Trades to Rescue Superstars Who Missed the NBA Playoffs

Andy Bailey@@AndrewDBaileyFeatured ColumnistMay 27, 2021

Trades to Rescue Superstars Who Missed the NBA Playoffs

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    Rusty Costanza/Associated Press

    The NBA playoffs are well underway, and several series are shaping up to be doozies, but a handful of the league's stars missed out on the show altogether.

    The biggest absence, of course, is Stephen Curry, the scoring champ and MVP finalist whose Golden State Warriors went 0-2 in the inaugural play-in tournament. There are a few others who are missing out on the game's brightest stage too.

    Zion Williamson, the New Orleans Pelicans' wrecking-ball point forward, will be postseason appointment viewing when he gets there. Karl-Anthony Towns, one of the best shooting big men of all time, has been only once. And the high-flying Zach LaVine has never been.

    To get in next season, each of the above likely need roster shakeups from their respective front offices. And the trades below could move the needle in the right direction.

Warriors Add a Three-and-D Center

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    The Trade: James Wiseman, Kevon Looney and a 2021 first-round pick for Myles Turner

    After wasting a year of Stephen Curry's prime by trying to integrate James Wiseman into a system that may take years to figure out, the Warriors should enter the 2021 offseason with a bit of desperation.

    Stephen Curry is 33 years old. Klay Thompson is returning from a torn left ACL, torn right Achilles and two years without on-court action. And Draymond Green, though he looks every bit the disruptor he's always been on defense, has been nowhere near his 2015-16 scoring efficiency in half a decade.

    If this core is going to compete for another championship, it may not be able to wait on a project center.

    There's still reason to be optimistic about Wiseman's career, though. And other organizations may be in better positions to spend developmental minutes on him.

    Enter the Indiana Pacers, another casualty of this year's play-in tournament.

    Over the past two seasons, Indiana is minus-0.4 points per 100 possessions when both Domantas Sabonis and Myles Turner are on the floor. It's a plus when either plays without the other.

    For whatever reason, the combination doesn't seem to be working. And though there's a lot of overlap with the games of Turner and Wiseman, the Pacers would at least turn the clock back five years by acquiring the latter. They'd also have him on a cost-controlled rookie contract.

    Golden State, meanwhile, would get a more experienced 5 who can space the floor for Curry-Draymond pick-and-rolls and protect the rim on the other end.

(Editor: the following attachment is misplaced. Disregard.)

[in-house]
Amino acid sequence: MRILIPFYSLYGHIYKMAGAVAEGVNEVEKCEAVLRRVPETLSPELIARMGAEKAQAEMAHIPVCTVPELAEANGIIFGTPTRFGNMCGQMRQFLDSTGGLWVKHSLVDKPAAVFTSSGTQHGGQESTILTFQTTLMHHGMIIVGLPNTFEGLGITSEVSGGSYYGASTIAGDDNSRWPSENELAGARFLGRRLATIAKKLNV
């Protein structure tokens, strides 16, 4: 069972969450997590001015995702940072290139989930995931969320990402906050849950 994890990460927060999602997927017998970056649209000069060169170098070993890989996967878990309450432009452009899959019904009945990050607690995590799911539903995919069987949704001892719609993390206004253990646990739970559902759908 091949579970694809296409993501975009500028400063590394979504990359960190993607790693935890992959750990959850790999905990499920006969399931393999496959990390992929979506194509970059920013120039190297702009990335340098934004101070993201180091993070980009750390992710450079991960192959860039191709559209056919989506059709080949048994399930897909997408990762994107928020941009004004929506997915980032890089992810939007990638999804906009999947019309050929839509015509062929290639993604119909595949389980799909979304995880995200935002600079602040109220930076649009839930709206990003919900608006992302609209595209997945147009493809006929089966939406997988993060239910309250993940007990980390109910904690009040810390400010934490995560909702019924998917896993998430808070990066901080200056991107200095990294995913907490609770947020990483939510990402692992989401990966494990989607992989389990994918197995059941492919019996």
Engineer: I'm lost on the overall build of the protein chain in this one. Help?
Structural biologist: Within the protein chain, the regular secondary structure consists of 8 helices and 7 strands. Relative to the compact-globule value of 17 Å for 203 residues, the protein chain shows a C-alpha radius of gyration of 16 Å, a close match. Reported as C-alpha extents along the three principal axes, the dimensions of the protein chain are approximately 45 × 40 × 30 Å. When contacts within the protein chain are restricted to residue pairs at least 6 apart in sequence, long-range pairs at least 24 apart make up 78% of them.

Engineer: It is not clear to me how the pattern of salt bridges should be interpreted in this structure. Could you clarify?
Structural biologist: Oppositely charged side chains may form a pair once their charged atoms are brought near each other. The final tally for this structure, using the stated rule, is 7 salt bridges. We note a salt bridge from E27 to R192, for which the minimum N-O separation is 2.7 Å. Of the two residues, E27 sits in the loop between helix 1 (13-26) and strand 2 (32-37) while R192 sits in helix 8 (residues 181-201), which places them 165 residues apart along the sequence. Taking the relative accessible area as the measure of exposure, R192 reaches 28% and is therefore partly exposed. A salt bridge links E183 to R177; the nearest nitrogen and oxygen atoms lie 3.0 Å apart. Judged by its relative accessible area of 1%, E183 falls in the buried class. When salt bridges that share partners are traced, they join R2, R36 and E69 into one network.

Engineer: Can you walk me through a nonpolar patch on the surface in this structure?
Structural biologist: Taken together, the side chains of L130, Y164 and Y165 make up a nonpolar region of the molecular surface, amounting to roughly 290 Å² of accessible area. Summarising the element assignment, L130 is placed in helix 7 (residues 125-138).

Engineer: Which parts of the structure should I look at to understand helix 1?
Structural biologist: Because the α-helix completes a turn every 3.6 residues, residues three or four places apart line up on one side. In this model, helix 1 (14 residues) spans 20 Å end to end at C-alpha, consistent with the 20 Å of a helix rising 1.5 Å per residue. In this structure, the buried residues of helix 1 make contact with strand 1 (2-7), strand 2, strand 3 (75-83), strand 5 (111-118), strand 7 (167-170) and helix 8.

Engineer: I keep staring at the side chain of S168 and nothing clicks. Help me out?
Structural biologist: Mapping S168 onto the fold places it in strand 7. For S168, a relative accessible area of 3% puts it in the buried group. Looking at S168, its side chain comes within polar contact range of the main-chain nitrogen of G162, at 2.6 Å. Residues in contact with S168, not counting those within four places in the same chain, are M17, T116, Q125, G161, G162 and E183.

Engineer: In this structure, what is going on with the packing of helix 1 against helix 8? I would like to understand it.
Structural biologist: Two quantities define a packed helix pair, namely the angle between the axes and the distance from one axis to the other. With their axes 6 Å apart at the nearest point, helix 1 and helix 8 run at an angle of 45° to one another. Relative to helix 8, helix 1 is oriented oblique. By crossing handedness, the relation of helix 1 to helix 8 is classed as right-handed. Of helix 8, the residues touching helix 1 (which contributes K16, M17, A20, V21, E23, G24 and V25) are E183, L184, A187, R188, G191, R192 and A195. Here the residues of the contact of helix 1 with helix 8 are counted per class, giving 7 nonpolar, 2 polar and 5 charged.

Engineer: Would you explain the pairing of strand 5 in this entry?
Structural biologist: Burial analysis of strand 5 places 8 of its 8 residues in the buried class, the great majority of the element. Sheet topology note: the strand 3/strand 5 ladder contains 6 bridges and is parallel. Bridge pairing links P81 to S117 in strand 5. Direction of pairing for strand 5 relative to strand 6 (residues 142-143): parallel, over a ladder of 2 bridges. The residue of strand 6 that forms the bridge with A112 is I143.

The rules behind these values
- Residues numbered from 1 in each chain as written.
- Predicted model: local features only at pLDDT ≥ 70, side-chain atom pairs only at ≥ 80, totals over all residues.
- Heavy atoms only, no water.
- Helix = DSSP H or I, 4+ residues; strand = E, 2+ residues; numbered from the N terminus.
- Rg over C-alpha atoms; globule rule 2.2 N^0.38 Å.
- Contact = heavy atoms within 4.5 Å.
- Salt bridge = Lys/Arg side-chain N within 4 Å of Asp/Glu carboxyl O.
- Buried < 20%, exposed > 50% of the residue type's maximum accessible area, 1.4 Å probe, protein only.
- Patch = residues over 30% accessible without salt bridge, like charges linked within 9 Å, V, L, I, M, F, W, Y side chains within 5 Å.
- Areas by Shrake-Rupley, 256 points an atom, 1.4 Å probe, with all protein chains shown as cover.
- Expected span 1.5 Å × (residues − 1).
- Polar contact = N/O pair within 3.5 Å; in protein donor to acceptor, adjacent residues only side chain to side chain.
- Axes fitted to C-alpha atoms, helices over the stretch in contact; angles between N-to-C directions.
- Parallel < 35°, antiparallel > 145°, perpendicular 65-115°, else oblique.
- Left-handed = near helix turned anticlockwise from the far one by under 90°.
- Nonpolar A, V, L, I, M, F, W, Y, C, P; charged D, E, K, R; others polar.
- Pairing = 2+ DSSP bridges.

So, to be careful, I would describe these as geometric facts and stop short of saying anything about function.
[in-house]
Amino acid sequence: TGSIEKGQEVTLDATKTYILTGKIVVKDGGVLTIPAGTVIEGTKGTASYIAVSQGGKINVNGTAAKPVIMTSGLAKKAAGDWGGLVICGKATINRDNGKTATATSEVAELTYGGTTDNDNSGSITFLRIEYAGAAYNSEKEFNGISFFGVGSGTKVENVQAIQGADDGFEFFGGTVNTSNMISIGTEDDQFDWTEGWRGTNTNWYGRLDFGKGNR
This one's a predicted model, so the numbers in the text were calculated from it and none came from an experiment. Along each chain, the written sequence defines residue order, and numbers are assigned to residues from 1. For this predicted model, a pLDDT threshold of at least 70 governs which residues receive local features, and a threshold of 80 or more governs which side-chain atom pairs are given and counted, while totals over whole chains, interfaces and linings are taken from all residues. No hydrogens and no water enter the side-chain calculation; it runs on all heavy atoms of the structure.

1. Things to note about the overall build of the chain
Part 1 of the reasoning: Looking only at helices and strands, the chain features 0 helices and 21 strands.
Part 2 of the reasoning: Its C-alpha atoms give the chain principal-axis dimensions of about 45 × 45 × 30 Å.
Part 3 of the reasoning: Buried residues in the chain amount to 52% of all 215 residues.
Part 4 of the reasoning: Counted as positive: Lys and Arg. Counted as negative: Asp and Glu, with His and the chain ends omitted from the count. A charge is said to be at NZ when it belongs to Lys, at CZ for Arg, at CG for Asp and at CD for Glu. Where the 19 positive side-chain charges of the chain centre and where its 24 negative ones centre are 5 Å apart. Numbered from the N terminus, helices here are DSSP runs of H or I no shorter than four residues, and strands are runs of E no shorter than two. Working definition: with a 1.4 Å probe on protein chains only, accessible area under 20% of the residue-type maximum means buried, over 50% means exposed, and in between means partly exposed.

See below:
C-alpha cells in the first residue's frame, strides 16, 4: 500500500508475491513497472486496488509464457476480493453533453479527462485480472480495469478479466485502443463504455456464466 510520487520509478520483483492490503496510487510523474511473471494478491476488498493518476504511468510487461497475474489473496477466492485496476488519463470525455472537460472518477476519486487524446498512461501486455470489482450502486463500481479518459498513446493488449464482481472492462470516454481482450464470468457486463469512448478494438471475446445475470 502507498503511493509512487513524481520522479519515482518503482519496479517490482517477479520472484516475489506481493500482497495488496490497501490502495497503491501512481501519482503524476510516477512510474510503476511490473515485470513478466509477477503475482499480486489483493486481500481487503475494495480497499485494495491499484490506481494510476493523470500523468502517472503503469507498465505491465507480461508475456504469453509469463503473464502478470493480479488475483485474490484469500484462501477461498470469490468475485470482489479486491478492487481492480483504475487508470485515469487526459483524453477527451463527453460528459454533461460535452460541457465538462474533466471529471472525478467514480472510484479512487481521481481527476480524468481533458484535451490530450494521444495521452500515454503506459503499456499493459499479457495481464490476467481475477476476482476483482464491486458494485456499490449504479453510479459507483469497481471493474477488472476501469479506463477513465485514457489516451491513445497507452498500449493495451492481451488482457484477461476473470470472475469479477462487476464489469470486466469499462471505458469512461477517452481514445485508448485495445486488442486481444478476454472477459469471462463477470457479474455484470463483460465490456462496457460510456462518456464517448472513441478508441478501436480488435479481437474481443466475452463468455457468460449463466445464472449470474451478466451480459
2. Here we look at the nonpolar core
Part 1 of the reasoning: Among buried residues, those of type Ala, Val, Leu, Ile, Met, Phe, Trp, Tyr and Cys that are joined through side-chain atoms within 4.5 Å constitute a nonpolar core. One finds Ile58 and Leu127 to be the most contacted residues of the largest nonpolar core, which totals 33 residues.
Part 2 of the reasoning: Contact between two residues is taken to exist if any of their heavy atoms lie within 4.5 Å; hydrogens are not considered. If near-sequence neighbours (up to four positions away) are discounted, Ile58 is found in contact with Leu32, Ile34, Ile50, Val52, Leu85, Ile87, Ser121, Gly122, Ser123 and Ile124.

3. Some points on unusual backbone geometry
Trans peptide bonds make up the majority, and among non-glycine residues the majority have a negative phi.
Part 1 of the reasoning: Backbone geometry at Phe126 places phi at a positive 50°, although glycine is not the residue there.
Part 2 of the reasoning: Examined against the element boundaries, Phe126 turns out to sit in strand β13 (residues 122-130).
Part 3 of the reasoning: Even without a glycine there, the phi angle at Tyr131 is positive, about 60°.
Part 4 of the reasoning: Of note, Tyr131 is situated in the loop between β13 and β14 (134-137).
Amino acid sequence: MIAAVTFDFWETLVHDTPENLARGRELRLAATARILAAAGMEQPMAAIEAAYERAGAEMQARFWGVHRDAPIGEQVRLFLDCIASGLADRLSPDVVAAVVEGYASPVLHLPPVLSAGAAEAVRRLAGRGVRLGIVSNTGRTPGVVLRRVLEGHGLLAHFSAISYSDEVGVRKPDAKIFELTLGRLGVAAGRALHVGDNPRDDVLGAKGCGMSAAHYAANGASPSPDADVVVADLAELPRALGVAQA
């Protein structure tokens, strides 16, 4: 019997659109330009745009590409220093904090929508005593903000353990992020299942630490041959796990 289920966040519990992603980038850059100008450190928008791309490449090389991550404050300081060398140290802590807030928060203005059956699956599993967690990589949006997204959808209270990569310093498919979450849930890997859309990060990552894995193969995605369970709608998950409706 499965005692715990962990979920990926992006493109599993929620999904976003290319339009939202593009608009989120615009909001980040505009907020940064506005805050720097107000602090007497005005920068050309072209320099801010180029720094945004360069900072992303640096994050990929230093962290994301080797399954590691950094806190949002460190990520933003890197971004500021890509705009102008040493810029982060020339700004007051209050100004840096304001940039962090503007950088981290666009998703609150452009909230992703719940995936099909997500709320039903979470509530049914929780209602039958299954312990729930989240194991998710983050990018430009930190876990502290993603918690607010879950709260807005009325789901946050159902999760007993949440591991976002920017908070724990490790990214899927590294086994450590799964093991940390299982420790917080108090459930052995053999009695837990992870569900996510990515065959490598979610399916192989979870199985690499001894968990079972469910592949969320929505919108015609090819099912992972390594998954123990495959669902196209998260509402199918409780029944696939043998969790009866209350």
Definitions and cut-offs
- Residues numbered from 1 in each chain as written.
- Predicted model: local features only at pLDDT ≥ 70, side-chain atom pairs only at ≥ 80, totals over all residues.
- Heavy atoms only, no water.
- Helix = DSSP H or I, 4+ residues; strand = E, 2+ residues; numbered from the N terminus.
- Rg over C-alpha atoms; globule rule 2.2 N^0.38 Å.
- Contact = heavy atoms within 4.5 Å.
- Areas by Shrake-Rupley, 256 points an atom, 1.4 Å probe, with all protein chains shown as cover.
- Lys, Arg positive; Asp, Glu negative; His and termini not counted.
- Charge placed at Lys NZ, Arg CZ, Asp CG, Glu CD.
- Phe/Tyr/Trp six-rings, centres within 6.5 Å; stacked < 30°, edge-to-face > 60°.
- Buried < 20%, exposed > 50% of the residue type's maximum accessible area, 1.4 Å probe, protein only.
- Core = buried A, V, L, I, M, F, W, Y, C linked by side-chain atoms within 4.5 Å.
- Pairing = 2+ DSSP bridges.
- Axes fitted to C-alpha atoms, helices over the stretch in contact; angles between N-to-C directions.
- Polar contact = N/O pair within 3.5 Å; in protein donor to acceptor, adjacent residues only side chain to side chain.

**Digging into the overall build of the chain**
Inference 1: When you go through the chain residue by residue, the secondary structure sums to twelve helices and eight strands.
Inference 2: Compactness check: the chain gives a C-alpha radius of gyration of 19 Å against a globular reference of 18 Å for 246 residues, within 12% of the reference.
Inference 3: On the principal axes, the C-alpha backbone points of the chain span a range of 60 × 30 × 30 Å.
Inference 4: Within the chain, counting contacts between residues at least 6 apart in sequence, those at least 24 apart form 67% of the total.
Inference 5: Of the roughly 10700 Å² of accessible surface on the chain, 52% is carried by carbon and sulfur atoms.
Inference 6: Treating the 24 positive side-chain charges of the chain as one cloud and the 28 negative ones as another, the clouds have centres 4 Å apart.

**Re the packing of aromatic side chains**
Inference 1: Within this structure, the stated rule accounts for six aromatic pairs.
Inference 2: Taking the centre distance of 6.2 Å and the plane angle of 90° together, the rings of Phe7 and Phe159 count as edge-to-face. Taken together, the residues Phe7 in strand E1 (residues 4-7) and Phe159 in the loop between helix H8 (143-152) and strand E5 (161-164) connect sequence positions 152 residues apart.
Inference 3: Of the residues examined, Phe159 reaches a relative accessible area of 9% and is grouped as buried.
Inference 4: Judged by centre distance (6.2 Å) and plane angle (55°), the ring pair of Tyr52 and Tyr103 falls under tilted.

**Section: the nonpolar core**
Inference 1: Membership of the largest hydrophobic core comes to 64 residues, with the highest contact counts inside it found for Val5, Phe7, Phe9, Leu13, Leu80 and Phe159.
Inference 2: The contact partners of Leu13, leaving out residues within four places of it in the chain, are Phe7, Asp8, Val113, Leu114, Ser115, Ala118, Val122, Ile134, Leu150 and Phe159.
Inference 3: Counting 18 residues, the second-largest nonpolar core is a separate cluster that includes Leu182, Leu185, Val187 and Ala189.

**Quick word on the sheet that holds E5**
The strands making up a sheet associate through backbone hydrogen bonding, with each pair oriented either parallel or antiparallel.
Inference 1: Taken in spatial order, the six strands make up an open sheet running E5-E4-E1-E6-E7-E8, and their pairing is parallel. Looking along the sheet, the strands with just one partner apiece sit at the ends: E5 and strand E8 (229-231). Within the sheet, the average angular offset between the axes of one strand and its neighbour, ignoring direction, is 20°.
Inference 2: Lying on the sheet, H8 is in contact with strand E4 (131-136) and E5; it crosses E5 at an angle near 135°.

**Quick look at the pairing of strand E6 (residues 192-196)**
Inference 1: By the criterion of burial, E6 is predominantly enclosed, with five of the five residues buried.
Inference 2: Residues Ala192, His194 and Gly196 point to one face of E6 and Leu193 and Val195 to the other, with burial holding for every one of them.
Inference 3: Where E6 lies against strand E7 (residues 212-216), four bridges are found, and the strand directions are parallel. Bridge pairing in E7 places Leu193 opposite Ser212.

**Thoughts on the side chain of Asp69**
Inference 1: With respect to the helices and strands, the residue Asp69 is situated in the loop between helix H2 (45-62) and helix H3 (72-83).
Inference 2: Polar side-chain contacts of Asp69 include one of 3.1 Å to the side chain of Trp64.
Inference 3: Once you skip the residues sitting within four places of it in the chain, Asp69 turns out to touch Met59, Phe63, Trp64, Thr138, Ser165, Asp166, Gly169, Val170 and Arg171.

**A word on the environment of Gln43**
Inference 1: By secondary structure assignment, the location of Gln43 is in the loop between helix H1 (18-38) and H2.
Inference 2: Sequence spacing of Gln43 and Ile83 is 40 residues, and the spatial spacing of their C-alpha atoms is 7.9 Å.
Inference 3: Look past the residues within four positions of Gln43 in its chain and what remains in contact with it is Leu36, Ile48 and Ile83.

He's nowhere near the passer Andrew Bogut was for those early Warriors dynasty teams, but he's an All-Defensive-level contributor.

    Of course, Indiana would take on more risk in this deal. Wiseman's physical tools are intriguing, but his rookie numbers were dismal. Paying the last year of Kevon Looney's contract (assuming he picks up his $5.2 million player option) may not be ideal either (though the figure is reasonable, and Looney can be a solid backup big).

    So, the Warriors would probably have to sweeten this pot with a pick. If Indiana insisted on the potential lottery pick from Minnesota, Golden State would probably walk away. If it's the Warriors' own first, though, it's worth it.

Pelicans Add Experience and Floor Spacing

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    The Trade: Steven Adams, Eric Bledsoe, a 2023 first-round pick and a 2021 second-round pick (via the Cleveland Cavaliers) for Al Horford

    The Oklahoma City Thunder were so thoroughly committed to this season's spectacular tank job that they simply sent Al Horford—their second-best player—home in March.

    And even if they land Cade Cunningham, Evan Mobley or some other difference-maker in the draft, the timelines of team and player will still be far from aligned.

    In other words, Horford almost certainly won't play out the rest of his contract (which runs through the 2022-23 season) with OKC.

    The problem for the Thunder, though, is that Horford's age (35 in June) and last couple of stops may make it difficult to move him for much of value. Despite having an impressive arsenal of future picks, Oklahoma City is probably still looking for more, and Horford may not fetch any.

    That is unless the Thunder are willing to take on some burdensome contracts. It just so happens that the Pelicans have a couple.

    Eric Bledsoe's production fell off a cliff this season, and he's under contract through 2022-23 (though only $3.9 million of his $19.4 million salary is guaranteed that year). Steven Adams, meanwhile, had a positive impact on the floor, but it was slight, and it's hard to ignore the wonky fit with him and Zion Williamson.

    The New Orleans offense soared to new heights when Williamson was given more playmaking responsibility, and maximizing that approach will probably require a more spread floor. Adams is great around the paint, but he also clogs it. Horford, on the other hand, could spend most offensive possessions at the three-point line.